Objective: Brassica vegetable consumption (e.g. broccoli) leads to excretion of isothiocyanates (ITC) in urine. We evaluated the consistency of ITC as a biomarker for dietary Brassica vegetable consumption across the types of vegetables and methods of preparation used in Western societies, and across consumption levels.
Design: A single-armed behavioural intervention with duplicate baseline assessment and post-intervention assessment. Urinary ITC excretion and estrogen metabolites were measured from 24-hour urine samples. Dietary intake was measured by a 24-hour recall.
Setting: The behavioural intervention facilitated daily Brassica intake among participants by providing peer support, food preparation instruction, guided practice in a teaching kitchen, and other information.
Subjects: Thirty-four healthy free-living postmenopausal women who recently had a negative screening mammogram at the University of Massachusetts Medical Center.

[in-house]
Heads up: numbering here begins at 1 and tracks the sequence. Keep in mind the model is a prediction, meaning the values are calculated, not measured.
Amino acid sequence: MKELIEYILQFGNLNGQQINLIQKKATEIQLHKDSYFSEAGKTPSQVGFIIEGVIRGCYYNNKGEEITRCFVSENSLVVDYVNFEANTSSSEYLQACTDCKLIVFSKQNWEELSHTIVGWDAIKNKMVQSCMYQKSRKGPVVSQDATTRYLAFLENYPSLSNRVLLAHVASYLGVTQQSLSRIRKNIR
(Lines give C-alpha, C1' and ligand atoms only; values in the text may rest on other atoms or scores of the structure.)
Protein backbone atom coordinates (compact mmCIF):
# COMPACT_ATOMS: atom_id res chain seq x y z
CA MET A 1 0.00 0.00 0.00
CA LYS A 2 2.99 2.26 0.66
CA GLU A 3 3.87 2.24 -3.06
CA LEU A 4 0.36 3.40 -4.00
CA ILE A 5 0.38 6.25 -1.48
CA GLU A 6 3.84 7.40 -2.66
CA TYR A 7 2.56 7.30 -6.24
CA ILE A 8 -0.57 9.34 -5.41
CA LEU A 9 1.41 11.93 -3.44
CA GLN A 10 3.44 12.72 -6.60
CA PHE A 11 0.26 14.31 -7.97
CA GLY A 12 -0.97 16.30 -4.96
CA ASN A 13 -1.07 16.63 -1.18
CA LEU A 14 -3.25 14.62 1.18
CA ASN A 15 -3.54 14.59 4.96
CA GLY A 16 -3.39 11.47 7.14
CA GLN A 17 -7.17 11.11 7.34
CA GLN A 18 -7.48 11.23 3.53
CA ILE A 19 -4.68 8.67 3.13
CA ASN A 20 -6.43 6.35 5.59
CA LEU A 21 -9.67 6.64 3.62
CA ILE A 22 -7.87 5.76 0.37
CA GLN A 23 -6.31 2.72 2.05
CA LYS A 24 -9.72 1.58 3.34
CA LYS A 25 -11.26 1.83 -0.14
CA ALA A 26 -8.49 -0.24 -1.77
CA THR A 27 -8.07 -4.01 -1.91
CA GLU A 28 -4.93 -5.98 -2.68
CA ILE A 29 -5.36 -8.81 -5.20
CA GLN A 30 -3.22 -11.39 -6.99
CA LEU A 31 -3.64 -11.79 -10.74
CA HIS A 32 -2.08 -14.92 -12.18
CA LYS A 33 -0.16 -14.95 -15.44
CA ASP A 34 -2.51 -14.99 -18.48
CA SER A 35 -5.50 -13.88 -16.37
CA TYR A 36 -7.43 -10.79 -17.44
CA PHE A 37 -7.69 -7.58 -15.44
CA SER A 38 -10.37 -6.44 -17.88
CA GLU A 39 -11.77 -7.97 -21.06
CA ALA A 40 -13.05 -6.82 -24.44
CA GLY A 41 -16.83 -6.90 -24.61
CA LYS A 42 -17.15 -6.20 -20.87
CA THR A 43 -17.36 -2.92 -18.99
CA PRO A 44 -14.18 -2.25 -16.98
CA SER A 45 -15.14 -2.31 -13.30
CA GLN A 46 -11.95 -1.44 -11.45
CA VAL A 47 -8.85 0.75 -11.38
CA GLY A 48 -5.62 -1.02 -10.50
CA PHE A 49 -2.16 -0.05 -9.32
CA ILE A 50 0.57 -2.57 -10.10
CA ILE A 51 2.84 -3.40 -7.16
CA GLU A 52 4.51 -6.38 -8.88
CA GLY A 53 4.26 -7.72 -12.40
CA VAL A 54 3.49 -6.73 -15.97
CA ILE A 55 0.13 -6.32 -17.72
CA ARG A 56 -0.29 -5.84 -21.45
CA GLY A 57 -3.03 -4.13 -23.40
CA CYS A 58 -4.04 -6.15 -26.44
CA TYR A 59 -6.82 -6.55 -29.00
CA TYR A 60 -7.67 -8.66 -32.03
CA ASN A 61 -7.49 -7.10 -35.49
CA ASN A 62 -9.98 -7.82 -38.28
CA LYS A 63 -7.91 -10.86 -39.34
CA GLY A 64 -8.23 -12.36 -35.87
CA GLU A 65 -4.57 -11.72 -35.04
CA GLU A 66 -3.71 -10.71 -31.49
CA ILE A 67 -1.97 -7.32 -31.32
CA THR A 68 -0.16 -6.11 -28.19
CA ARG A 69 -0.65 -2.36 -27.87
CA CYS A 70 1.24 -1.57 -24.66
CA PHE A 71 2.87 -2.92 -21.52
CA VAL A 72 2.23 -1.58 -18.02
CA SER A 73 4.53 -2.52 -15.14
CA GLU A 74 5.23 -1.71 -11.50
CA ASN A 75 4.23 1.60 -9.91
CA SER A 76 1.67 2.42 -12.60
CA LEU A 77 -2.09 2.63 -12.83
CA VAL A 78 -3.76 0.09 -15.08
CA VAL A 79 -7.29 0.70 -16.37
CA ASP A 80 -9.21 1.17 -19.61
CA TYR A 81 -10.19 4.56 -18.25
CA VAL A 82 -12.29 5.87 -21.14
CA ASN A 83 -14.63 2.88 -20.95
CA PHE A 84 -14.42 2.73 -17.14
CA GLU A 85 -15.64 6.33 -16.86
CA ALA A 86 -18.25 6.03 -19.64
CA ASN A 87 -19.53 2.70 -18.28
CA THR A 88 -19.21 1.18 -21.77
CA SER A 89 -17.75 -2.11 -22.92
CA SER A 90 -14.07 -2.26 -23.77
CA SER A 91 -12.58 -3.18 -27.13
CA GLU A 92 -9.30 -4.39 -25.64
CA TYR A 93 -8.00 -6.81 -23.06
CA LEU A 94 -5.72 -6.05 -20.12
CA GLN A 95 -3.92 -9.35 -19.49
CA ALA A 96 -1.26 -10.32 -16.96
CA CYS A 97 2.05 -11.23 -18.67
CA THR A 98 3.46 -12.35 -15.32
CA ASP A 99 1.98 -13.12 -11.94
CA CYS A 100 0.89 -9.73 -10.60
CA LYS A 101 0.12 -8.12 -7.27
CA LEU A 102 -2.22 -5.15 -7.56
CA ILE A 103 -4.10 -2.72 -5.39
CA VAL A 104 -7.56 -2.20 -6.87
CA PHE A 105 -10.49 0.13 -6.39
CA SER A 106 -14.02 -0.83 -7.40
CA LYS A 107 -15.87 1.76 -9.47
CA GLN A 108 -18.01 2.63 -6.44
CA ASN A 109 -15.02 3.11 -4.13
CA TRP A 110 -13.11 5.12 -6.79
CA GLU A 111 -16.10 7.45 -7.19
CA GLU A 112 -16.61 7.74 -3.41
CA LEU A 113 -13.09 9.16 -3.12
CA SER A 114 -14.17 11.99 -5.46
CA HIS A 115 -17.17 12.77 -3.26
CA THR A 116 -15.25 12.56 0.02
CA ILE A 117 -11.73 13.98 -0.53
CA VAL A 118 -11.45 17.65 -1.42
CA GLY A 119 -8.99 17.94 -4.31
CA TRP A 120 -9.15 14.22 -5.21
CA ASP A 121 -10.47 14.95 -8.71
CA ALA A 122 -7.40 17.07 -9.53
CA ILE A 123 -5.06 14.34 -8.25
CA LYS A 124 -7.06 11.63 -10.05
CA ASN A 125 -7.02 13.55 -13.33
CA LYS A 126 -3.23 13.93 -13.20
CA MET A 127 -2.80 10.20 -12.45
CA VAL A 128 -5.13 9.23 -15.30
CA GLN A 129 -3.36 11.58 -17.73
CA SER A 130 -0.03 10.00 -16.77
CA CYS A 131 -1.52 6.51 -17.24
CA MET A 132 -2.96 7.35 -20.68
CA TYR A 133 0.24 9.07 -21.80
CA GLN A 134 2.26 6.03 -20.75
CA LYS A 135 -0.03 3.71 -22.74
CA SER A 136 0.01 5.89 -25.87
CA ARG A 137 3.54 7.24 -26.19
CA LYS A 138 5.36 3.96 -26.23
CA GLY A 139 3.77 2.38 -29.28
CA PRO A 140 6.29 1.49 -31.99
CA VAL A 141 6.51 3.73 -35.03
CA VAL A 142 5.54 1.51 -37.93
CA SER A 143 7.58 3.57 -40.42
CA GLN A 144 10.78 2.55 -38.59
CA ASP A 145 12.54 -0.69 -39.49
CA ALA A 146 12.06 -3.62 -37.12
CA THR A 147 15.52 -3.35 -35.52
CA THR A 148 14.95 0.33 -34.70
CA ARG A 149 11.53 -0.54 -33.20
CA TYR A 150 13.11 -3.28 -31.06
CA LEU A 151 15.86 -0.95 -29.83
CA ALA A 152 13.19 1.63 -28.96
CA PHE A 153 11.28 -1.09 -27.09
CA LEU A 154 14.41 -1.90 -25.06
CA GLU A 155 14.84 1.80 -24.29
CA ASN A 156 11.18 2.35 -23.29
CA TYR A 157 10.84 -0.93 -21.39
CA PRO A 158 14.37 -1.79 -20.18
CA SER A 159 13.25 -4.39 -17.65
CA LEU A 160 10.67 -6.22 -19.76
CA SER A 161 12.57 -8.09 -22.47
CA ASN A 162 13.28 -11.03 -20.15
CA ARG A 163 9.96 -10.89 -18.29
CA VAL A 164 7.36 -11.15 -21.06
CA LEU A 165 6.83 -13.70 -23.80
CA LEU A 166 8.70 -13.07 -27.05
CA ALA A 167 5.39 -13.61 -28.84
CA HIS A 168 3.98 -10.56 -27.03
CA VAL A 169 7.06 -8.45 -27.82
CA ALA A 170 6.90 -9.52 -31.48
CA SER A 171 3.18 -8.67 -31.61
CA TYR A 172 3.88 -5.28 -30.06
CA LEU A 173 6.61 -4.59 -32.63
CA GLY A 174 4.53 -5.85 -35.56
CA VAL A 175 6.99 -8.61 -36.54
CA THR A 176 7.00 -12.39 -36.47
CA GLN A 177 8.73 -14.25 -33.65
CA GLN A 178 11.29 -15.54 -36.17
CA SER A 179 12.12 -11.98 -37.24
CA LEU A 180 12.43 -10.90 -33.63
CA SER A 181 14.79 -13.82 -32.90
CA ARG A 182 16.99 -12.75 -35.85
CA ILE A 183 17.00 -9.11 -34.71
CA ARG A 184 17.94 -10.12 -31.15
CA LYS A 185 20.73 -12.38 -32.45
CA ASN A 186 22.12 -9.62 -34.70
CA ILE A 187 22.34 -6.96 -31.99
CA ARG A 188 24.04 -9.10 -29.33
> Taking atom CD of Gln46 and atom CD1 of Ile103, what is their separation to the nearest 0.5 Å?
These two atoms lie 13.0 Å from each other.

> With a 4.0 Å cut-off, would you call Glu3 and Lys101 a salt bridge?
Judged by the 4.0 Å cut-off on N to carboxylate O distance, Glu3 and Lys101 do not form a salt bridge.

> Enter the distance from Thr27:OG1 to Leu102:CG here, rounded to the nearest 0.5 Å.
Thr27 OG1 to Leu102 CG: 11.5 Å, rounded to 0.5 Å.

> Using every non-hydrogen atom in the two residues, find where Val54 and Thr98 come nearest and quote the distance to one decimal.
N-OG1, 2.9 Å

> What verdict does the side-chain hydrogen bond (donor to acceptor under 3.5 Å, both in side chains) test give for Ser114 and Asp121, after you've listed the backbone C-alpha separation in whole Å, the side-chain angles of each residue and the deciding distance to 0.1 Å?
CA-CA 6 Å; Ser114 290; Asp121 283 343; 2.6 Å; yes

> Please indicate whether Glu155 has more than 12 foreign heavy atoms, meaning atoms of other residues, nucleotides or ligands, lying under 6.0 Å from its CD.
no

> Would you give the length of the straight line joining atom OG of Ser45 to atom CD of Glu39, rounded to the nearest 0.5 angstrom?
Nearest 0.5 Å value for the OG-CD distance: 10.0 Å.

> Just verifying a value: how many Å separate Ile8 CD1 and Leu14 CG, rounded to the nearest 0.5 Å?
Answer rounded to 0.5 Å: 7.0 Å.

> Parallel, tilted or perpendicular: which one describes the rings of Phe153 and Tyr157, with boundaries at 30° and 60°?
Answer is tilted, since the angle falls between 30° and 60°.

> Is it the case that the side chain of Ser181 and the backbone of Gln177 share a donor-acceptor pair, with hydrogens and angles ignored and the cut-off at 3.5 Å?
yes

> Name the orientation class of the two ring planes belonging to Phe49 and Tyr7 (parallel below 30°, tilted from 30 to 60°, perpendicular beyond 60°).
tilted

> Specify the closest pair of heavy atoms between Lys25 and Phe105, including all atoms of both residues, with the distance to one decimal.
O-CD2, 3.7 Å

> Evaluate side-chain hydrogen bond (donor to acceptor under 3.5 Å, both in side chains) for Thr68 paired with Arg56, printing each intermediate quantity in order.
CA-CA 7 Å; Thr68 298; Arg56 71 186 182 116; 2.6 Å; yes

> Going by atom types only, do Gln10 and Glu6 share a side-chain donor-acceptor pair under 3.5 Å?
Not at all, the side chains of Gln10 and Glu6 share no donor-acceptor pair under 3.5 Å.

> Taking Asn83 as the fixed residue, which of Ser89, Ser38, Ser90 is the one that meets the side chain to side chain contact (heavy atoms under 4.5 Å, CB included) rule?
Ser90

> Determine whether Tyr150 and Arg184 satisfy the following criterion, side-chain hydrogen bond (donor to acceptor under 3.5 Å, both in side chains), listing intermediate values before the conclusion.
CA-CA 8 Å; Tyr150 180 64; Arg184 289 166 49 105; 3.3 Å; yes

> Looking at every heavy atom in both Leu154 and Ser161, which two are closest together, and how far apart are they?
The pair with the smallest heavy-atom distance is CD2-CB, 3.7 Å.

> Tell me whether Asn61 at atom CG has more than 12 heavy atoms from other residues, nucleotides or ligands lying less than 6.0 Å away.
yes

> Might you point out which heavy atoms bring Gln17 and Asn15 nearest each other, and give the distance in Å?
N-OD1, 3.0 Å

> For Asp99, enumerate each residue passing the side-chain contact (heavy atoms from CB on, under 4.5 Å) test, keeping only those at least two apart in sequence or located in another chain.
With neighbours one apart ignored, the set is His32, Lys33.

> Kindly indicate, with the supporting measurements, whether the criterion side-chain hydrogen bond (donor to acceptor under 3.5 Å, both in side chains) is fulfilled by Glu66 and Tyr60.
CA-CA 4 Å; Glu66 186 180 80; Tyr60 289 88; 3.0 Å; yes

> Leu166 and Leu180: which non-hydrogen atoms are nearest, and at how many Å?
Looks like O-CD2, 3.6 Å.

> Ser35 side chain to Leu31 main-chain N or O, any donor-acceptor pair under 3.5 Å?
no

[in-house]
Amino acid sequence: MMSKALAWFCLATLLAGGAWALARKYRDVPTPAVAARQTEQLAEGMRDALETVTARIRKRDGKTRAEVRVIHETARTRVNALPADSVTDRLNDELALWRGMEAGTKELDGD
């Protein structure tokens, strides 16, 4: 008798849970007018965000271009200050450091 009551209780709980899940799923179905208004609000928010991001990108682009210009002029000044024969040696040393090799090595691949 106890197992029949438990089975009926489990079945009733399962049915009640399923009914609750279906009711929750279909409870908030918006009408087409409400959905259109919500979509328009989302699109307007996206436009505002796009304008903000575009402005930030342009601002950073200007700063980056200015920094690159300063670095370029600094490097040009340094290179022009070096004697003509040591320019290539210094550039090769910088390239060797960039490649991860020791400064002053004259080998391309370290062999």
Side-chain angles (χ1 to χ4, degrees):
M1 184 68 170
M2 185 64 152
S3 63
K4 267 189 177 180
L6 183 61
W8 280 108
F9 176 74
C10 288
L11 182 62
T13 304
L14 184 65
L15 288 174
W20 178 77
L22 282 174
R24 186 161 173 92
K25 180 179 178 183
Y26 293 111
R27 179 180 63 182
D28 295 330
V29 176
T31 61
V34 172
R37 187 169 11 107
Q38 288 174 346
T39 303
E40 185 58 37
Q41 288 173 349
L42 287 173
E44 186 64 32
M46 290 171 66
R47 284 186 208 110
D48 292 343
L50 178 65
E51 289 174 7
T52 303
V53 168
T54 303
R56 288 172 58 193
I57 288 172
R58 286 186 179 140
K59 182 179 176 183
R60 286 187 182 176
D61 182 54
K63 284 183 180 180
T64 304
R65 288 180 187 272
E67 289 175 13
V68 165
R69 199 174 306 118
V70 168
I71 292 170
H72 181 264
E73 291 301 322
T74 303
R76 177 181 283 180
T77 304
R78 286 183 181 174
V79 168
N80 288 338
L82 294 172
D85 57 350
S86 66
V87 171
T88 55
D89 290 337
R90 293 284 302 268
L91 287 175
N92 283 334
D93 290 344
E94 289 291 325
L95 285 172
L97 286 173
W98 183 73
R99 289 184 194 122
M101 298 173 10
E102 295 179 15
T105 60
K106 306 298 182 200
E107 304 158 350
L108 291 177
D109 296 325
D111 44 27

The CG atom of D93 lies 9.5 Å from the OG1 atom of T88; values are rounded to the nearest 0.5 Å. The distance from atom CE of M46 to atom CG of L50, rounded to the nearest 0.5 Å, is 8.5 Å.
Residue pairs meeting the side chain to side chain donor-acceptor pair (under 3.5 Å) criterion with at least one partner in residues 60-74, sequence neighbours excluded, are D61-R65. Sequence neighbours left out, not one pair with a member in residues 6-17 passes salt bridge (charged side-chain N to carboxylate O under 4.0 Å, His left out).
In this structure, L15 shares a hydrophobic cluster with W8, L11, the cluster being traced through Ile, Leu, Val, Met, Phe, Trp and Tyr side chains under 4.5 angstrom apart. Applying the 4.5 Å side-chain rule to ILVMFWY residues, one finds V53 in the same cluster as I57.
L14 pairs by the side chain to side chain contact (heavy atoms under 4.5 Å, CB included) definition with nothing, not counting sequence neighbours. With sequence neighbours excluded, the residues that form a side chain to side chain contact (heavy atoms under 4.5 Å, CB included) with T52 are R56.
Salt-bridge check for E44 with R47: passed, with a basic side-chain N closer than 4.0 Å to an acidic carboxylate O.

Results: Urinary ITC excretion and total Brassica intake followed the same pattern over the intervention. The ITC biomarker significantly predicted Brassica intake when Brassica consumption averaged about 100 g day-1, but not when Brassica consumption averaged about 200 g day-1. Urinary ITC levels were somewhat higher when more raw vegetables were consumed as compared to lightly cooked vegetables, while the types of Brassica consumed appeared to have only a small, non-significant effect on urinary ITC levels.
Conclusion: Urinary ITC excretion would be a good exposure biomarker among populations regularly consuming a vegetable serving/day, but may be less accurate among populations with greater intake levels or a wide range of cooking practices.